“Chris Hipkins is no longer taking his finance minister seriously,” Willis said.
If it was a genuine leak, Labour will be worried and will be wondering what else Willis knows.
Stuff took it seriously enough to check out how much would be saved.
A shopper buying six of the most-purchased fruit and vegetables in Countdown in Auckland this week would save about $3 if there was no GST on those items, it reported. The cost went down from $25.35 to $21.96.
If Labour does campaign on it, the party will be going some way to line up with Te Pāti Māori’s tax policy.
That was released on Thursday, and would remove GST from all food.
It would also create a $30,000 tax-free threshold, paid for by introducing new top tax brackets – 42 and 48 percent on income over $180,000 and $300,000 respectively.
National’s campaign manager, Chris Bishop, said it would send a wrecking ball through the economy and gave “a terrifying glimpse into what a re-elected Labour government would look like”.
That is not going to happen. Even if Labour was able to form a government with the Greens and Te Pāti Māori, Hipkins has ruled out a capital gains tax or a wealth tax under his watch.
The prime minister did get some time out this week from internal problems.
He first hosted Australian Prime Minister Anthony Albanese and then US Secretary of State Antony Blinken.
Albanese was here on his first official visit, marking the annual trans-Tasman leaders get-together.
As could be expected from two Labour prime ministers, it was all smiles and handshakes.
They agreed on a “bilateral roadmap setting out our shared ambition over the next decade”, RNZ reported.
It would focus on sustainable, inclusive economies, on being active partners in the Pacific, championing international rules and ensuring people to people links would continue, Hipkins said.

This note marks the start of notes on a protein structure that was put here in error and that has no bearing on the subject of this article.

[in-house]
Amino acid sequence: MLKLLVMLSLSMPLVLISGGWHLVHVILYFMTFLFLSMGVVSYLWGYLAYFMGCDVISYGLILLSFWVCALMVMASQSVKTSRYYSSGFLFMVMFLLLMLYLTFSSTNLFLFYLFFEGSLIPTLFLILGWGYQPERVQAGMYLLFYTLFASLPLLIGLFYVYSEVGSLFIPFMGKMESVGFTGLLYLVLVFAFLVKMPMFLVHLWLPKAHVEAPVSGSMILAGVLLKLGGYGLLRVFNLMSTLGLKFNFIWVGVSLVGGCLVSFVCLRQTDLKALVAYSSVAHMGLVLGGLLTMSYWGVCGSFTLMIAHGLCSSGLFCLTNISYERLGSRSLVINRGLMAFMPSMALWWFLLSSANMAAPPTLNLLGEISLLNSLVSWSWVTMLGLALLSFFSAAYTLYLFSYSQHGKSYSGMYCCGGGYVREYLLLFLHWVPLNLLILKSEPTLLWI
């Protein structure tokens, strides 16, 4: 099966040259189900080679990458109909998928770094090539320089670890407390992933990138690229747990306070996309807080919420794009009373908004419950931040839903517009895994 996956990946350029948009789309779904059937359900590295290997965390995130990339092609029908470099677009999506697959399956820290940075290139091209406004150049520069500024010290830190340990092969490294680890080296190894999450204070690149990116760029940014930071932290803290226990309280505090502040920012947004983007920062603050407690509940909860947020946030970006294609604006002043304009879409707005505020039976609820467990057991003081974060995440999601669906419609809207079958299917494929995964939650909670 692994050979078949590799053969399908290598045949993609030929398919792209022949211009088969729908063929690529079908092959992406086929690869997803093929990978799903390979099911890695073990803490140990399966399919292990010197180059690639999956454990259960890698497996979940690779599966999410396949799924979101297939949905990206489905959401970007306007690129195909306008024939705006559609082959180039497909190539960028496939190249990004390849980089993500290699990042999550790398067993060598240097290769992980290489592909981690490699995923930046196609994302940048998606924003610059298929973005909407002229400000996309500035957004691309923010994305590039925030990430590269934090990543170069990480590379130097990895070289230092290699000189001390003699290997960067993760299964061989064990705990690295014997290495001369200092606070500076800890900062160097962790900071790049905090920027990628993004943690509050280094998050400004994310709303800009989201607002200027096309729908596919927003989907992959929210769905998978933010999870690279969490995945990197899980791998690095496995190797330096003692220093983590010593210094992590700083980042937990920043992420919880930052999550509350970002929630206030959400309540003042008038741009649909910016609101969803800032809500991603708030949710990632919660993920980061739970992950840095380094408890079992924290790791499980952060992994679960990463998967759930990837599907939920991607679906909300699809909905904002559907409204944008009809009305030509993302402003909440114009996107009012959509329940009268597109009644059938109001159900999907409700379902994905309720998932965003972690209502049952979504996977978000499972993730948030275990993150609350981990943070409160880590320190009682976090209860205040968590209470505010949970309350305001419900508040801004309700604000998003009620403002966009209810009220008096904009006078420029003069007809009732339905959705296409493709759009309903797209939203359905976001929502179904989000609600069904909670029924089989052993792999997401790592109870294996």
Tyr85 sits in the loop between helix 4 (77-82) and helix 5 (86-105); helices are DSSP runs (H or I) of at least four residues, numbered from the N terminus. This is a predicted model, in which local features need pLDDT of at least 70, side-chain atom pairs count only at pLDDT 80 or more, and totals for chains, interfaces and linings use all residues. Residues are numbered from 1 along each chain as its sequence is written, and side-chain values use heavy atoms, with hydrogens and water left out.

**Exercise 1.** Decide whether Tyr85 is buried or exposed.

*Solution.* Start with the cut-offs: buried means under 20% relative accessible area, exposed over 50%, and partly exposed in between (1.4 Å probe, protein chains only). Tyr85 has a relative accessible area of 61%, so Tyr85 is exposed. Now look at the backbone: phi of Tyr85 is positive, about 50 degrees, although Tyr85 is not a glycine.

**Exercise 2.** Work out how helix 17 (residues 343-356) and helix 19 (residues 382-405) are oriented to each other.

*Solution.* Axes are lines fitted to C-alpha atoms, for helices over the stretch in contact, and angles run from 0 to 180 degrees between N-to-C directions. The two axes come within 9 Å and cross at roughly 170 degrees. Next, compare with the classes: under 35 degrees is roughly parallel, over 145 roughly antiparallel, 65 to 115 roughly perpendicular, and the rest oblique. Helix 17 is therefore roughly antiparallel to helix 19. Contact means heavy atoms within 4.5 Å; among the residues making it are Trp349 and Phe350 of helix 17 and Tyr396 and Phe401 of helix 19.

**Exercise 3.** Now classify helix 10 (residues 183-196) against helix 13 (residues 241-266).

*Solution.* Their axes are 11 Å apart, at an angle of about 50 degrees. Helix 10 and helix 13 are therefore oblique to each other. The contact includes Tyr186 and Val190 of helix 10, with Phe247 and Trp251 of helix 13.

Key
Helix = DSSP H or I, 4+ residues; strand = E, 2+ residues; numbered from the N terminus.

They talked about “seamless” travel between Australia and New Zealand, and announced a taskforce would be working on that with a 12-month deadline to report.
Albanese said one thing they would be looking at was SmartGate technology, which would mean that “before you get on a plane in either country, it’s already recognised that you are okay to come in”.
Blinken met Hipkins and Foreign Minister Nanaia Mahuta, saying at a joint press conference afterwards that the door was “very much open” for New Zealand to join non-nuclear aspects of the AUKUS (Australia/UK/US) defence pact.
He said New Zealand was a trusted partner that could participate in aspects of the pact, which will provide Australia with nuclear-powered submarines in an apparent effort to compete with China’s growing military strength, Stuff reported.
Mahuta said the offer was being considered but New Zealand was “not committed to anything at this point” and there was no timeline for cabinet decisions.
She said the government was exploring what participating in what is called the second pillar of AUKUS – the sharing of cutting edge military technologies – would look like.
“The confirmation appeared to settle months of uncertainty over the government’s view of the defence pact,” Stuff said.
“The pact conflicts with New Zealand’s ban on nuclear power and weapons, and sparked concern across the Pacific that it could compromise a region-wide treaty banning nuclear weapons.”
*Peter Wilson is a life member of Parliament’s press gallery, 22 years as NZPA’s political editor and seven as parliamentary bureau chief for NZ Newswire.